A Dual-frequency Dual-polarized Doppler Radar (D3R) was developed with funding from NASA's Global Precipitation Measurement (GPM) Project. The D3R is a fully polarimetric, scanning weather radar system operating at the nominal frequencies of 13.91 GHz and 35.56 GHz covering a maximum range of 30 km. The frequencies chosen allow close compatibility with the GPM Dual-frequency Precipitation Radar system, which was selected for flight on the GPM core spacecraft that launched in February 2014.

The D3R is part of GPM Ground Validation activities. These activities support GPM pre-launch algorithm development and contribute to post-launch precipitation product validation. Pre-launch, the D3R provides independent estimation of hydrometeor classification and drop size distribution retrievals. The radar thus offers an insight into the microphysical processes that dominate the retrieval (and associated measurement error) of precipitation types and rates from satellite data. While the GPM DPR radar presents a global picture of precipitation through observations at Ku- and Ka-band, the ground-based D3R yields detailed, fine-scale local statistics of the microphysical interpretation.

The D3R takes advantage of several innovative technologies to achieve its design goals as a relatively compact, transportable system. Chief among these are the use of solid state power amplifiers and a novel waveform composed of three consecutive, frequency modulated, frequency separated pulses. Using these methods, blind ranges and range sidelobes are minimized, and the radar meets its sensitivity requirement of -10 dBZ at 15 km (clear air, single pulse, with 150 m range resolution).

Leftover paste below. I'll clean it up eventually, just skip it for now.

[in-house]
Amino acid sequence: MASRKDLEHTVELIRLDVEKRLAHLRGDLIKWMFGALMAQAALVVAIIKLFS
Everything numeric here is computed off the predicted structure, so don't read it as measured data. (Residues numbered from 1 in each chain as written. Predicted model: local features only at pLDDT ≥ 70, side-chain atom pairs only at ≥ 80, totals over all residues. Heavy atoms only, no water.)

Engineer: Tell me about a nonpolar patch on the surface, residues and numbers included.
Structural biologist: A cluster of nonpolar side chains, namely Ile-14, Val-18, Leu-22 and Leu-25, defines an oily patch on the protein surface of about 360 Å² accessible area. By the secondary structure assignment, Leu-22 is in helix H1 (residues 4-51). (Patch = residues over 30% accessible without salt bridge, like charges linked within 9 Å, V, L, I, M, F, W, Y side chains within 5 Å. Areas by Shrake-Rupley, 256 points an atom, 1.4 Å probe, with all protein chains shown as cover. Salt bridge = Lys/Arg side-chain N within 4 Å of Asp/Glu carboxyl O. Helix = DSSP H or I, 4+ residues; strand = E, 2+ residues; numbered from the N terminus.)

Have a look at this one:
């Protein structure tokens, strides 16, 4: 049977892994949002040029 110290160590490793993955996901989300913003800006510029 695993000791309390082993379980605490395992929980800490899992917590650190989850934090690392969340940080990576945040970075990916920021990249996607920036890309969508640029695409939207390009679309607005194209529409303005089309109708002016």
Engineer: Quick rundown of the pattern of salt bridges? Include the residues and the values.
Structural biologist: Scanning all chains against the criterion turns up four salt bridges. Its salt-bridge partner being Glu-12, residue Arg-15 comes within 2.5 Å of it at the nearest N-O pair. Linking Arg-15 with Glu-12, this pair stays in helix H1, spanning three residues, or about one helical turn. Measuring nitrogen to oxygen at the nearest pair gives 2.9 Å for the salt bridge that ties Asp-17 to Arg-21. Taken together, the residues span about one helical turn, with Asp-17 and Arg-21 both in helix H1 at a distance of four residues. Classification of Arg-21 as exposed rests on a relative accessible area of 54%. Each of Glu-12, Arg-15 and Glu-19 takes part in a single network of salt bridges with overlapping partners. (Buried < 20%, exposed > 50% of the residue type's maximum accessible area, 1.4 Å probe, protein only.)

View an animation of the D3R radar.

A government-industry-academic consortium developed the D3R. NASA's Goddard Space Flight Center has overall management and lead engineering responsibility for the radar. Remote Sensing Solutions, Inc. is responsible for the solid-state transceivers and intermediate frequency electronics; Orbital Systesm, Ltd.. developed the radar pedestal and positioner. Colorado State University (CSU) developed the data product and archive software, and has a wide range of responsibilities related to the radar electronics (including the digital receiver and waveform generation), electronic integration, and test. The D3R was field tested alongside of CSU's S band CHILL radar. D3R's first deployment was the Mid-Latitude Continental Convective Clouds Experiment (MC3E) field campaign, which took place in April and May 2011.